Talk of performance with lens “X” on camera “Y” with adapter “Q” will become more common, although many will still resist adapters as the preferred alternative (maybe Nikon or Canon could have stayed with the same depth to their cameras, as this is not the primary point or benefit of mirrorless and designed mirrorless specific lenses with the added benefit of protruding rear elements where needed?).

In 4-5 years?

As the majority of the market are led down a clearer and fully accepted pathway, even the most reluctant will gave switched over (look how far mirrorless has come in such a short time with only the fringe players as champions).

Mirrorless was really nothing more than a fledgling oddball six years ago. In another five years, we will look back and wonder what took us so long to see the light as even this technology becomes old school.

Possibly the one camera, pick your lens from any stable kit will start to be semi-normal, maybe even desirable. Camera to lens adapters may be part of life for many* rather than a necessary evil.

The fight against this trend, with the promise of improvements allowed by dedicated mirrorless lens designs, will start to make many slightly older SLR lenses less attractive and pressure will mount to upgrade. This will be a new golden age for the lens designer. Conversely, older legacy lenses from as far back as the 60’s will find ever more welcoming homes as the “look” of an image will become more important than just it’s measurable quality (which we have plenty of already).

*Serious shooters will be able to hunt down the exact combination of glass they prefer without having to commit to just one brand or run multiple cameras. We may even see the return of the “Adapt-all” style mount system Tamron offered years ago. To a certain extent, I feel this will homogenise the marked, with only the top dogs in each category accepted by the internet aware. This is already happening to some extent, but will be much easier to apply.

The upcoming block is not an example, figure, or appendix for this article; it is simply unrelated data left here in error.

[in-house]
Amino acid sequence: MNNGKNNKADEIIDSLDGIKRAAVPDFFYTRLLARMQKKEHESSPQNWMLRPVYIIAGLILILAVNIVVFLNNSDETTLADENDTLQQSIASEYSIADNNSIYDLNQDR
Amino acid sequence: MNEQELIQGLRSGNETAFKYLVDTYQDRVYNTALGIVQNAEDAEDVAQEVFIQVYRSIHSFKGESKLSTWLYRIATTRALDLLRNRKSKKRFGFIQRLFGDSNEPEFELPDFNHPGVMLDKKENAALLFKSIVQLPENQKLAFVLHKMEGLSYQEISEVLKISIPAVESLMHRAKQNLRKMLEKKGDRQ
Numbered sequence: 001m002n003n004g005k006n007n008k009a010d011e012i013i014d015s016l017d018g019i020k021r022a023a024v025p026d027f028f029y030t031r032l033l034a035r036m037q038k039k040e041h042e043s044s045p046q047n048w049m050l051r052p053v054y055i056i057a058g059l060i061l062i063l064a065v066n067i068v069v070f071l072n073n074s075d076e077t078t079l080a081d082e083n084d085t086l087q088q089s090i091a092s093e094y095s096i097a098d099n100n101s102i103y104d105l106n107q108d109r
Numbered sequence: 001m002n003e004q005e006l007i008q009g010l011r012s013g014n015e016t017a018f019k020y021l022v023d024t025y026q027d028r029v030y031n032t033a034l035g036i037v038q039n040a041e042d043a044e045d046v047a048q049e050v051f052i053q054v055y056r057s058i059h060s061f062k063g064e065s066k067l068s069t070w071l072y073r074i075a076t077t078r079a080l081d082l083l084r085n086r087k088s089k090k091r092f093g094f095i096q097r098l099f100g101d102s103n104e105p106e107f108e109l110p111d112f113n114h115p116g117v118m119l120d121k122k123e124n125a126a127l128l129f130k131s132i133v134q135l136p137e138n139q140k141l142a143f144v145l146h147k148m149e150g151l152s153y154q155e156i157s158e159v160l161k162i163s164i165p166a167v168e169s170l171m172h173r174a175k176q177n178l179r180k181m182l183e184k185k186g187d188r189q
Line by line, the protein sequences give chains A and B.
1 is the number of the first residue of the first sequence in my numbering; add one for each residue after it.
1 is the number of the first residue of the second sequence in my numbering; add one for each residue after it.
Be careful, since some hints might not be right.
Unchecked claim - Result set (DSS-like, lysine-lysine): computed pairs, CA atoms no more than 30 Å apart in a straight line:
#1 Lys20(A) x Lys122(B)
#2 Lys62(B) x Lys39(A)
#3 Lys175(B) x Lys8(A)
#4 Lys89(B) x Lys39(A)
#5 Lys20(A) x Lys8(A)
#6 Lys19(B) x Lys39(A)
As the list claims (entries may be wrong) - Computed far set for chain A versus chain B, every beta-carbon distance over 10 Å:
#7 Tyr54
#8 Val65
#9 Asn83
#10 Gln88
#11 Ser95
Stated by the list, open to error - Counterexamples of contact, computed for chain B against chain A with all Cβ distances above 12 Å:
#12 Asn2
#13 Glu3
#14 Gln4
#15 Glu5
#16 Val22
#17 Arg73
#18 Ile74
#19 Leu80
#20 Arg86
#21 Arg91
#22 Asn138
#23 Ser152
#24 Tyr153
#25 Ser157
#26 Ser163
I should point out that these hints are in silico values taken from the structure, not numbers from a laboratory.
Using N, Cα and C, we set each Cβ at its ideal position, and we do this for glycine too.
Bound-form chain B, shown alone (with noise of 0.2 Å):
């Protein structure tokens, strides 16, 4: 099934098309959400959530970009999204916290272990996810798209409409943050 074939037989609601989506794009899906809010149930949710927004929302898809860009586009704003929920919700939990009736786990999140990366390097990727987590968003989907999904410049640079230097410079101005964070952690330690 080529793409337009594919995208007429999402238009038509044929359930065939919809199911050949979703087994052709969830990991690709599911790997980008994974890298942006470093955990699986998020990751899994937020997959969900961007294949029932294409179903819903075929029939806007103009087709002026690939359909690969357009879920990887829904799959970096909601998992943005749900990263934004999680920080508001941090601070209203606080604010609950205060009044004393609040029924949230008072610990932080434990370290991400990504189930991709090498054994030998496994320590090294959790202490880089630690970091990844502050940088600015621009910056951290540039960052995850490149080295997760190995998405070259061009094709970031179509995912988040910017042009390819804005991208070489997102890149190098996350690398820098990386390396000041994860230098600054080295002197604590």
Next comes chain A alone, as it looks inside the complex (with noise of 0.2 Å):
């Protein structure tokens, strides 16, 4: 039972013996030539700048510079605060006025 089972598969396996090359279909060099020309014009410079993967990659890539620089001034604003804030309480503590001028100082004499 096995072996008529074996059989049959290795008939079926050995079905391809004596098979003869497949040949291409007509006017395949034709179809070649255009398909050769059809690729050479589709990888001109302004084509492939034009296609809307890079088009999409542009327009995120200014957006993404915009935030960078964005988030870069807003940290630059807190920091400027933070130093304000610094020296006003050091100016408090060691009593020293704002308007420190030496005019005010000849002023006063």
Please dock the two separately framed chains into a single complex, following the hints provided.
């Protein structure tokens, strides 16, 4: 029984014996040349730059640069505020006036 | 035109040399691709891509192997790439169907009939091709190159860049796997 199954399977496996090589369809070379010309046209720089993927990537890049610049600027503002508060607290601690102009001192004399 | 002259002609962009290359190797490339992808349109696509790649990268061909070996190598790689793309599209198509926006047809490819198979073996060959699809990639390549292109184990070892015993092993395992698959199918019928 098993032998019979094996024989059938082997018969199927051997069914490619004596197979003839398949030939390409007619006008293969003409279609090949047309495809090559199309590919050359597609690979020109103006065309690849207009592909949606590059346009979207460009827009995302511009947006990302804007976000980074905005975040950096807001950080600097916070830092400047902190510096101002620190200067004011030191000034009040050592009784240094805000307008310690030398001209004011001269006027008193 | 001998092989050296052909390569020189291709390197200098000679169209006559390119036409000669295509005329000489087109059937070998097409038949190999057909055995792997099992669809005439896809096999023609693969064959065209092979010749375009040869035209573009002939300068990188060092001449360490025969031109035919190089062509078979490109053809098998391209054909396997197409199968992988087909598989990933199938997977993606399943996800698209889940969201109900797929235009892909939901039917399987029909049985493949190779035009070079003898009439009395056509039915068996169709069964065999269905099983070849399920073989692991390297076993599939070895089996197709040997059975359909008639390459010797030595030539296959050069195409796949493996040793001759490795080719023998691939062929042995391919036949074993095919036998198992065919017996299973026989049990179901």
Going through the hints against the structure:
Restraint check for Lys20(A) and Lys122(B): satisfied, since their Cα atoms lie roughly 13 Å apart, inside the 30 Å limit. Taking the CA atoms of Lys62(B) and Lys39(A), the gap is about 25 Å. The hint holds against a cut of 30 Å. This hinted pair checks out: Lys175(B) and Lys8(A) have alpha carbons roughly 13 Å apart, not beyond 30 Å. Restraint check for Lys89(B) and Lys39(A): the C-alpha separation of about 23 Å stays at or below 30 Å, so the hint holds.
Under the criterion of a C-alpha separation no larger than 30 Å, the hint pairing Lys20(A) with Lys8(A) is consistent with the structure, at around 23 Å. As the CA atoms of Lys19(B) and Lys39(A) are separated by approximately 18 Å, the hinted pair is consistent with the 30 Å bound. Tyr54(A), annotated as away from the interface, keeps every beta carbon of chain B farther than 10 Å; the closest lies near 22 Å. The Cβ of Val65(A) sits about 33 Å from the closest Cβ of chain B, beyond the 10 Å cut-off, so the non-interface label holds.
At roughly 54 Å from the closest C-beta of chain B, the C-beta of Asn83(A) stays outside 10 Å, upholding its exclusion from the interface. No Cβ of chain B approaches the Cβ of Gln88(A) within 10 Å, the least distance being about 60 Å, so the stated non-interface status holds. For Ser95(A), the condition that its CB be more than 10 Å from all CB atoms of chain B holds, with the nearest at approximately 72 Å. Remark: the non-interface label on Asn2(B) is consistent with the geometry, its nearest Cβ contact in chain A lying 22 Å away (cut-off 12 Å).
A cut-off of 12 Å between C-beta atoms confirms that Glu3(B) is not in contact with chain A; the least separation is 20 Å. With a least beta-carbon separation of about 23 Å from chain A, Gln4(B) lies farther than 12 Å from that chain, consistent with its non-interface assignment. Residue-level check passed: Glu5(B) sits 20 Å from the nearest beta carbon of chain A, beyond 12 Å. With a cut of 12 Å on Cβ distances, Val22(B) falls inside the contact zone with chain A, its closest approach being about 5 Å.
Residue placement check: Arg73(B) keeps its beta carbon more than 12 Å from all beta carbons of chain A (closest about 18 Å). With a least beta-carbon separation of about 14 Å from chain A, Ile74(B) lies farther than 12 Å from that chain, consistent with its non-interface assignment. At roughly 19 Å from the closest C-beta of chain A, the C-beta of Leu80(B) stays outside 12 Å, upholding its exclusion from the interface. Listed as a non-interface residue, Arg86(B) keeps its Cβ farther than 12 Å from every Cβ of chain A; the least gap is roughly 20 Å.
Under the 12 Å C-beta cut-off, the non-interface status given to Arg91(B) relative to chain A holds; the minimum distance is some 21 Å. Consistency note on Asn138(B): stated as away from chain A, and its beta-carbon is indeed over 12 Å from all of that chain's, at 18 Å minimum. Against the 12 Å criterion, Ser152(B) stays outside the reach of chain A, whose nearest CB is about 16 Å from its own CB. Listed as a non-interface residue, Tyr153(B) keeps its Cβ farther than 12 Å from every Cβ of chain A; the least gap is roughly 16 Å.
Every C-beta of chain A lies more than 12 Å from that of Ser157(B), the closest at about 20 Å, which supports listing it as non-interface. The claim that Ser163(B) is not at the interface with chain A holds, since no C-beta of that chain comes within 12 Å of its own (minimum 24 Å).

At the same time, I feel photographic equipment will continue to shift to;

  • The general purpose phone, limited in potential only by physical dimensions and technology will be augmented by options such as “free hand” or add-on cameras and accessories using WiFi as a direct development of Go Pro/Drone thinking. The compact camera will disappear completely.

  • A dynamic, super compact to mini SLR/video hybrid camera type based on a 1” or slightly bigger 4/3 sensor (The Nikon V/J and Pentax Q style cameras would have fit in here well, but were released out of their time). This will be the enthusiasts camera.

  • Serious shooters, will get their super SLR/medium format cameras with a flexible outlook on sensor size with higher and higher resolution and extreme video. These will be driven by old perceptions of bigger being better, meeting state of the art technology and cheaper manufacture. The limits of lens design will be stretched (maybe even changed to non glass types), as will the very shape of photography, with 16k+ video making many forms of still photography effectively irrelevant (as well as focus, ISO, dynamic range and stability). Mass editing will become an art form as information gathering goes to stratospheric heights.

Pentax, the inventor of the mirrored SLR will possibly be the last to offer one, completing the cycle.

In 10 years?

The SLR style camera will be as much a foot note as film cameras are now. Technology will have moved on in ways not even guessed at by most of us (organic sensors, ISO irrelevance and fully electronic, global shutters, flat cameras) and mirrorless will be just one natural part of an ever changing environment. Much of the terminology we are using will be gone such as Crop/Full Frame, Video camera, Mirrorless, digital etc. as cameras become multi capable and ever more varied.

Hybrid tablet/phone/cameras/camera controllers will rule, but in what form(s) I can only guess.

No relevance, but I do not like words without pictures.

No relevance, but I do not like words without pictures.

Can’t wait to see, although I am a little sad the age of the photographer is coming to a close.